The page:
Dubbert, M; Cuntz, M; Piayda, A; Máguas, C; Werner, C: Partitioning evapotranspiration – Testing the Craig and Gordon model with field measurements of oxygen isotope ratios of evaporative fluxes, Journal of Hydrology, 496, 142-153 (2013), doi:10.1016/j.jhydrol.2013.05.033
Abstract:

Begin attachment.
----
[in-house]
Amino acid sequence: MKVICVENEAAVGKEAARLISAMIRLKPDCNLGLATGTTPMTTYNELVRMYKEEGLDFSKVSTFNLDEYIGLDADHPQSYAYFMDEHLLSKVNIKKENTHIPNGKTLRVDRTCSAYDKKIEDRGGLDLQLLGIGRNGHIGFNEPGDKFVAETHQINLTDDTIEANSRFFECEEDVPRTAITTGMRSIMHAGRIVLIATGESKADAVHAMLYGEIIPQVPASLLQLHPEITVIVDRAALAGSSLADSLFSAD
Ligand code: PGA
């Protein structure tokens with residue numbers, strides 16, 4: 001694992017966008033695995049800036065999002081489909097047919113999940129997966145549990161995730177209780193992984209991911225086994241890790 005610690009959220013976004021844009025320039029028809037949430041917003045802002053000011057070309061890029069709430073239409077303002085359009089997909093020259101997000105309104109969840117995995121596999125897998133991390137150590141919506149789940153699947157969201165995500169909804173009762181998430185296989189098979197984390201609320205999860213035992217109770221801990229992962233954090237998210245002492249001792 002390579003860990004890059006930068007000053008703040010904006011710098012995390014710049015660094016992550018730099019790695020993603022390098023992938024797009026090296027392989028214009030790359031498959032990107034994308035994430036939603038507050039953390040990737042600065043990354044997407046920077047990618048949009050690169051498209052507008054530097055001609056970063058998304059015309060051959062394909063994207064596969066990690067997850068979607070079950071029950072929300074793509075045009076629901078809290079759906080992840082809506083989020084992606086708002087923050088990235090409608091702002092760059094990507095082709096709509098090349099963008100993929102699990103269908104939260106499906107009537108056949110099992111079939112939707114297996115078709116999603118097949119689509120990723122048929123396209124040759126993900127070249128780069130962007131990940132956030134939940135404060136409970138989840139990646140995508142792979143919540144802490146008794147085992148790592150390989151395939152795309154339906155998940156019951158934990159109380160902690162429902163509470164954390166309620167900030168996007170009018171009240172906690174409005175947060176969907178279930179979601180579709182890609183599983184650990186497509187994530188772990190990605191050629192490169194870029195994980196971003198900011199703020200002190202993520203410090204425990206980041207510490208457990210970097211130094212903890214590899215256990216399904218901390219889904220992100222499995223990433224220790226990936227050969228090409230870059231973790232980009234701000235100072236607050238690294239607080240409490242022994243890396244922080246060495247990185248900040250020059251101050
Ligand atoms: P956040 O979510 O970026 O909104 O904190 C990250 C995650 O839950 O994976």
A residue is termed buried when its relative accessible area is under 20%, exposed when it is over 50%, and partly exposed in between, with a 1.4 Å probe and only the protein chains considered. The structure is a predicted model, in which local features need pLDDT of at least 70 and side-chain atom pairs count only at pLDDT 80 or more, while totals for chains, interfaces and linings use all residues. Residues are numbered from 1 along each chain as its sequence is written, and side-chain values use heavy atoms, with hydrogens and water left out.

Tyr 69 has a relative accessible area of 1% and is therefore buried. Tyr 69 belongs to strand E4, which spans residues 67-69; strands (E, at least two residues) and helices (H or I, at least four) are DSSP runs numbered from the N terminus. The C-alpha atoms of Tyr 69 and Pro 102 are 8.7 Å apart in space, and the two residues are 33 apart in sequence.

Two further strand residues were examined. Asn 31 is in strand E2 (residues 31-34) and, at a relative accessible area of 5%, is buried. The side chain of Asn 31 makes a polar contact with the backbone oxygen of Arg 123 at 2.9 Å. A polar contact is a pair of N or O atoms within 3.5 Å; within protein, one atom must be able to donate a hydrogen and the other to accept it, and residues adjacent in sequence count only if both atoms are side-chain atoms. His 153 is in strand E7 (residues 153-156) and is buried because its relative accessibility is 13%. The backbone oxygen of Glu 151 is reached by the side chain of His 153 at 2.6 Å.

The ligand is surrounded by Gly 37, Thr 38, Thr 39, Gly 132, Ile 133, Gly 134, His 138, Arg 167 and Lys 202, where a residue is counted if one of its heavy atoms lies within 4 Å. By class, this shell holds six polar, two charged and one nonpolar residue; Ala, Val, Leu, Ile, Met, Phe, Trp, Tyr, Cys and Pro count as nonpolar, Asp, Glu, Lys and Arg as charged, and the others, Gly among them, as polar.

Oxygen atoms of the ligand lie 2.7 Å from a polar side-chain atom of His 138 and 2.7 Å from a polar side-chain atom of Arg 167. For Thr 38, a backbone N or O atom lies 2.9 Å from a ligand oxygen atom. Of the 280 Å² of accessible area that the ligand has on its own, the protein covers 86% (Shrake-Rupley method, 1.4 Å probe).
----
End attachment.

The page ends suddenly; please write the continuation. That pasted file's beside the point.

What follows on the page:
Stable oxygen isotopes of water provide a valuable tracer for water movements within ecosystems and are used to estimate the contribution of transpiration to total ecosystem evapotranspiration (ft). We tested the Craig and Gordon equation against continuous field measurements of isotopic composition of evaporation and assessed the impact for partitioning evapotranspiration. Therefore, evaporation (E) and its isotopic signature (δ18OE) on bare soil plots, as well as evapotranspiration (ET) and its corresponding isotopic composition of (δ18OET) of an herbaceous layer was measured with a cavity ring-down spectrometer connected to a soil chamber on a field site in central Portugal. We quantified the variation in δ18OE arising from uncertainties in the determination of environmental input variables to the Craig and Gordon equation: the isotope signature (δ18Oe) and the temperature at the evaporating site (Te), and the kinetic fractionation factor (αk). We could hence quantify ft based on measured δ18OET, modeled δ18OE from observed soil water isotopic composition at the evaporating site (δ18Oe), and modeled δ18O of transpiration (δ18OT) from observed total soil water isotopic composition. Our results demonstrate that predicting δ18OE using the Craig and Gordon equation leads to good agreement with measured δ18OE given that the temperature and 18O isotope profiles of the soil are thoroughly characterized. However, modeled δ18OE is highly sensitive to changes in Te and δ18Oe as well as αk. This markedly affected the partition results of transpiration and evaporation from the total ET flux: The fraction of transpiration (ft) varied strongly using different formulations for αk and assuming steady or non-steady state transpiration. These findings provide a first comparison of laser-based and modeled isotopic compositions of evaporation based on the Craig and Gordon equation under field conditions. This is of special interest for studies using stable isotopes to separate soil evaporation and plant transpiration fluxes and highlights the need for a thorough characterization of the micrometeorological and isotopic constitution of the upper soil layer to locate the evaporating front with a resolution of a few cm soil depths. We also call on a better characterization of the kinetic fractionation factor of soil evaporation.
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